Graco Children’s Products agreed to pay a $10 million fine for taking too long to tell parents that the buckles on more than 4 million of the company’s car seats could become stuck and trap the kids inside.
The settlement closes a U.S. investigation started last year into whether Graco failed to alert authorities and the public quickly enough to the defect and issue a recall. The National Highway Traffic Safety Administration said it ended up being the largest ever recall of child seats.
“Parents need to know that the seats they trust to protect their children are safe, and that when there’s a problem, the manufacturer will meet its obligations to fix the defect quickly,” U.S. Transportation Secretary Anthony Foxx said Friday.
Since last year’s controversies involving the slow responses to a General Motors Co. ignition switch defect and a deadly flaw in Takata Corp. air bag inflators, the safety agency has become more aggressive in monitoring whether automakers and their suppliers are complying with U.S. safety laws. Honda Motor Co. in January agreed to a $70 million fine, the largest ever levied by the agency, for failing to report injuries and warranty claims linked to potential safety defects.
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In the Graco case, the agency said consumers filed hundreds of complaints describing difficulty getting their infants and toddlers out of jammed car seats, pleading with regulators to get the seats fixed.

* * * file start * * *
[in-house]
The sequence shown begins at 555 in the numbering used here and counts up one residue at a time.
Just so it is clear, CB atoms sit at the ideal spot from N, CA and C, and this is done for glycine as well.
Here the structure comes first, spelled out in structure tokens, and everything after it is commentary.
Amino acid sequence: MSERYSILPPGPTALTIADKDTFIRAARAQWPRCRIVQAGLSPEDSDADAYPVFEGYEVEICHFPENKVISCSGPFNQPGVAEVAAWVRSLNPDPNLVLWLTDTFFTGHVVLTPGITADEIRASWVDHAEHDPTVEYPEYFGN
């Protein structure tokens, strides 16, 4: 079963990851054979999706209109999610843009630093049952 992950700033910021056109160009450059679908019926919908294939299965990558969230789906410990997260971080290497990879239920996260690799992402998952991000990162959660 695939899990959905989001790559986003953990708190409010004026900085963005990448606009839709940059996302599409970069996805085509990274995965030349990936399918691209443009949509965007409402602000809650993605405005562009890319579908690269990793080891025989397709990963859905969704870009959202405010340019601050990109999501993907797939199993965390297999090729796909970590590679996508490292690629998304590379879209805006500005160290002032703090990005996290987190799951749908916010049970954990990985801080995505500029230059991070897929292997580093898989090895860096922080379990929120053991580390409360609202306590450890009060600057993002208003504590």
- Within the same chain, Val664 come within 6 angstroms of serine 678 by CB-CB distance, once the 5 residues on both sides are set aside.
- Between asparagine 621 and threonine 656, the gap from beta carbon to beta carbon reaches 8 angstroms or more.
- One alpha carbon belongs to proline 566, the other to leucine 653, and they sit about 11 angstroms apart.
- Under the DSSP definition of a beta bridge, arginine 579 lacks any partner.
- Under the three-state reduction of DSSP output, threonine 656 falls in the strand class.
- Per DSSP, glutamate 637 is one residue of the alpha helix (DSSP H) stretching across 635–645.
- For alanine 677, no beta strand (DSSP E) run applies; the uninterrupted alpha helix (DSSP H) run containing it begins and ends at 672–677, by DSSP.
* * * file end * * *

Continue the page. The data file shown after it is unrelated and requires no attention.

“My husband is a very big, strong man, and he couldn’t get the buckle to release,” wrote one mother. “He had to get channel lock pliers out of his truck and squeeze the buckle with it till it broke to get my 2-year-old daughter out.”
Graco must pay $3 million immediately to the U.S. government and $7 million in five years unless it spends that amount on steps to improve child safety, the U.S. Department of Transportation said. The company, in a separate statement, said it would comply.
“We have worked closely with NHTSA throughout this process and regret that we fell short of NHTSA’s expectations for data collection and reporting procedures,” Graco president Laurel Hurd said.